A jealous ex-boyfriend sent a menacing video message to his former partner’s pal in which he threatening to take a hammer to the skull of “anyone that has harmed her”.
Stuart McKinley, 27, admitted sending numerous abusive telephone calls, messages and videos to his ex-girlfriend and her friend in an attempt to get in contact with the pair on April 24 2021.
He also pleaded guilty to acting in a manner that was likely to cause fear or alarm to the two women – alongside causing reckless damage to a number of properties and a vehicle on the same night.
‘A hammer will go right over their skull’
Fiscal depute Ross Canning told the court how McKinley’s behaviour escalated after his former partner ignored his messages and blocked his number.
He said: “Over the course of the late evening and early morning there were numerous messages received on Facebook messenger – he wanted to know her location.
“At 2.50am a friend of the woman received a number of messages from the accused – she then received a video message from him which said: ‘I’m in my car. I swear to anyone that has harmed her a hammer will go right over their skull. Where are you?'”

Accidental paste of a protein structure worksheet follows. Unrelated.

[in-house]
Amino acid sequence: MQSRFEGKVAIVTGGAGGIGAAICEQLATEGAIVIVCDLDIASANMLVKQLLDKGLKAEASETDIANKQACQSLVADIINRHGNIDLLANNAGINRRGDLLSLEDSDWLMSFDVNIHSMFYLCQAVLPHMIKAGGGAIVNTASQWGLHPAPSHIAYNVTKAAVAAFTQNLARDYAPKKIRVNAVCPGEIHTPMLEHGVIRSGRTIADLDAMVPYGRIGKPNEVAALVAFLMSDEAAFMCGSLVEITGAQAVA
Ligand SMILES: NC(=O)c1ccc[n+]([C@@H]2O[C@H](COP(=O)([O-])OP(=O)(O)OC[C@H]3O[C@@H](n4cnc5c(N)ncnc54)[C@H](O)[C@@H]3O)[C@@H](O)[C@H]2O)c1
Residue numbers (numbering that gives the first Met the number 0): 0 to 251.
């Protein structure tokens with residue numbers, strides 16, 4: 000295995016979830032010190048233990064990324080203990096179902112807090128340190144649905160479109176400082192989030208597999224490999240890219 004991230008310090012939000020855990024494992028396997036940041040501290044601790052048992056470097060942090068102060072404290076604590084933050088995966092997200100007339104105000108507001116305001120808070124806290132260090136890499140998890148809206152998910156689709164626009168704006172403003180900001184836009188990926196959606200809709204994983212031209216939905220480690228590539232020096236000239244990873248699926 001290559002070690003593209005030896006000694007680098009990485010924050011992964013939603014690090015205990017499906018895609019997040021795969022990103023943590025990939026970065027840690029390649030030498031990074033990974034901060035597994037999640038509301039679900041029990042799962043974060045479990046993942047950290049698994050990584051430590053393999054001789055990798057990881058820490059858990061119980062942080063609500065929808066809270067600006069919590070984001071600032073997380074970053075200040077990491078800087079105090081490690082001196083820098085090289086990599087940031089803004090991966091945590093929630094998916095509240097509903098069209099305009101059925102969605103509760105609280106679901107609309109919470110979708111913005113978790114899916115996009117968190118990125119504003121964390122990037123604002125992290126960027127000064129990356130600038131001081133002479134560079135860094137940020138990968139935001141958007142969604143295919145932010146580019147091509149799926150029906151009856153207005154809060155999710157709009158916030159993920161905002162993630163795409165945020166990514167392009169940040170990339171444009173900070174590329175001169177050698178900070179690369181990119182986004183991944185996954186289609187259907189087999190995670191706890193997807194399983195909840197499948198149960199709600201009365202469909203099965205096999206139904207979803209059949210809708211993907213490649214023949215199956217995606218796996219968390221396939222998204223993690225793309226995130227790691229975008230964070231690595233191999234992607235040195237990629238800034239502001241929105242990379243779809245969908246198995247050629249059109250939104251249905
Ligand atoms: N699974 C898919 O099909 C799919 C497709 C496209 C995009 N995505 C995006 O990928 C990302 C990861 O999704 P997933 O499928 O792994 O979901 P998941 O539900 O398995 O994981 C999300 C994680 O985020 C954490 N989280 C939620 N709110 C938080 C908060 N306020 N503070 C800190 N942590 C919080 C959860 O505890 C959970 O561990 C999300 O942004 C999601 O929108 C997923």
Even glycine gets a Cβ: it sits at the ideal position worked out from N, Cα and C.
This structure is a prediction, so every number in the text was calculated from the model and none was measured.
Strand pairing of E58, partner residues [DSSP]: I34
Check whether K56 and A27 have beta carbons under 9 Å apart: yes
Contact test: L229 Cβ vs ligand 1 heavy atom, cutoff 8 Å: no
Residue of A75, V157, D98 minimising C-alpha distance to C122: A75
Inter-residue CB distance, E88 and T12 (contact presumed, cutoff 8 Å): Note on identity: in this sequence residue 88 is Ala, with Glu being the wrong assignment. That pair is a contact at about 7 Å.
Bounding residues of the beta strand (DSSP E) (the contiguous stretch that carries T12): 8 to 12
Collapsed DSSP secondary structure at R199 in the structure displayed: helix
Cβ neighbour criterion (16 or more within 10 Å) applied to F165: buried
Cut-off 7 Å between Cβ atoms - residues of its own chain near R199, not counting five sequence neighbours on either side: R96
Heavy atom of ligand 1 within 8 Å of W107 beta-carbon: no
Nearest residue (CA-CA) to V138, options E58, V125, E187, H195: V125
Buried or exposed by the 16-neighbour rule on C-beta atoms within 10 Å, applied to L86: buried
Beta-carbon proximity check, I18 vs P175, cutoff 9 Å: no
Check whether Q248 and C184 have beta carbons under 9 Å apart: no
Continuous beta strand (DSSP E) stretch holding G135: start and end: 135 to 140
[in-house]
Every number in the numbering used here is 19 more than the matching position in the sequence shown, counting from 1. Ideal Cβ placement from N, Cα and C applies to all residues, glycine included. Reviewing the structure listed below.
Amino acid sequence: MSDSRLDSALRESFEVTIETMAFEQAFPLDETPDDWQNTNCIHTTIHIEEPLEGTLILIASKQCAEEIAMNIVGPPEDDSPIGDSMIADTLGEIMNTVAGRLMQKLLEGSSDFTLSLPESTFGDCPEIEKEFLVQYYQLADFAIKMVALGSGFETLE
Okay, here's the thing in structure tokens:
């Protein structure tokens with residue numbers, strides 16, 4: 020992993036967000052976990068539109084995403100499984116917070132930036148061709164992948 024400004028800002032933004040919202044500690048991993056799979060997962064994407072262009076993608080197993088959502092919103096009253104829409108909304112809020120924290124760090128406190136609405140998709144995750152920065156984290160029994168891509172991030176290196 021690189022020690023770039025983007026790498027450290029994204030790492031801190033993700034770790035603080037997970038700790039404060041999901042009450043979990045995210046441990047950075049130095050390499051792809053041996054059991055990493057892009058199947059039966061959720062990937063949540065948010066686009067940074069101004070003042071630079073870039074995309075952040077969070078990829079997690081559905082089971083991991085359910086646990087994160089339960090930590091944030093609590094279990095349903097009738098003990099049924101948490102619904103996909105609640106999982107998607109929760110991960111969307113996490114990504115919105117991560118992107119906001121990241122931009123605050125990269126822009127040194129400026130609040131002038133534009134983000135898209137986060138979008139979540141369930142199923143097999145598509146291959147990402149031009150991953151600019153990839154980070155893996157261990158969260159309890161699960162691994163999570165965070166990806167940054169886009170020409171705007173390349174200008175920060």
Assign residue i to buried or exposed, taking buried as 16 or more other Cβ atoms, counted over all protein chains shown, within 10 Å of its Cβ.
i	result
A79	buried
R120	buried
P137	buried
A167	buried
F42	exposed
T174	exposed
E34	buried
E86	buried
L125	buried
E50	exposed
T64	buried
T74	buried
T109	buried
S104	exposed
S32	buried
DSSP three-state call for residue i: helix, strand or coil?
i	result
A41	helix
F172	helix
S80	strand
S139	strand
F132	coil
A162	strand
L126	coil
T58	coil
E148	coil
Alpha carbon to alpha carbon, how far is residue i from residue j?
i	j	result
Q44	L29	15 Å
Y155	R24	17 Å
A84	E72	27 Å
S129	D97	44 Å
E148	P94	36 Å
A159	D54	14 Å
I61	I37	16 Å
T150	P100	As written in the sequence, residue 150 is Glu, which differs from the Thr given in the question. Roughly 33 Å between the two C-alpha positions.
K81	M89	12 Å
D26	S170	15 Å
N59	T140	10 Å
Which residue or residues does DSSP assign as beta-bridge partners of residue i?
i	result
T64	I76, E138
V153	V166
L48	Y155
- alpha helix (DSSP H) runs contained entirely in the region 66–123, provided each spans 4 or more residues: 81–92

The court also heard how McKinley then caused destruction at two properties in Kingswells by striking a door with a hammer, before kicking at a door and a mirror at a separate property belonging to his former partner.
The 27-year old, who was living in Westhill at the time, caused damage to a vehicle by smashing a window panel and damaging a tyre and bodywork.
Accused ‘lost it that night’
Defence agent Neil McRobert stated that McKinley had become “jealous and angry” on finding out his former partner was on a night out with friends.
He added: “It is an understatement to say that he lost it that night.”
Sheriff William Summers told McKinley that his actions had been “very concerning”.
He added: “These are serious offences and they often result in a custodial sentence.”
Sheriff Summers sentenced McKinley, of Teith Road, Stirling, to a community payback order with a supervision requirement of one year and 140 hours of unpaid work.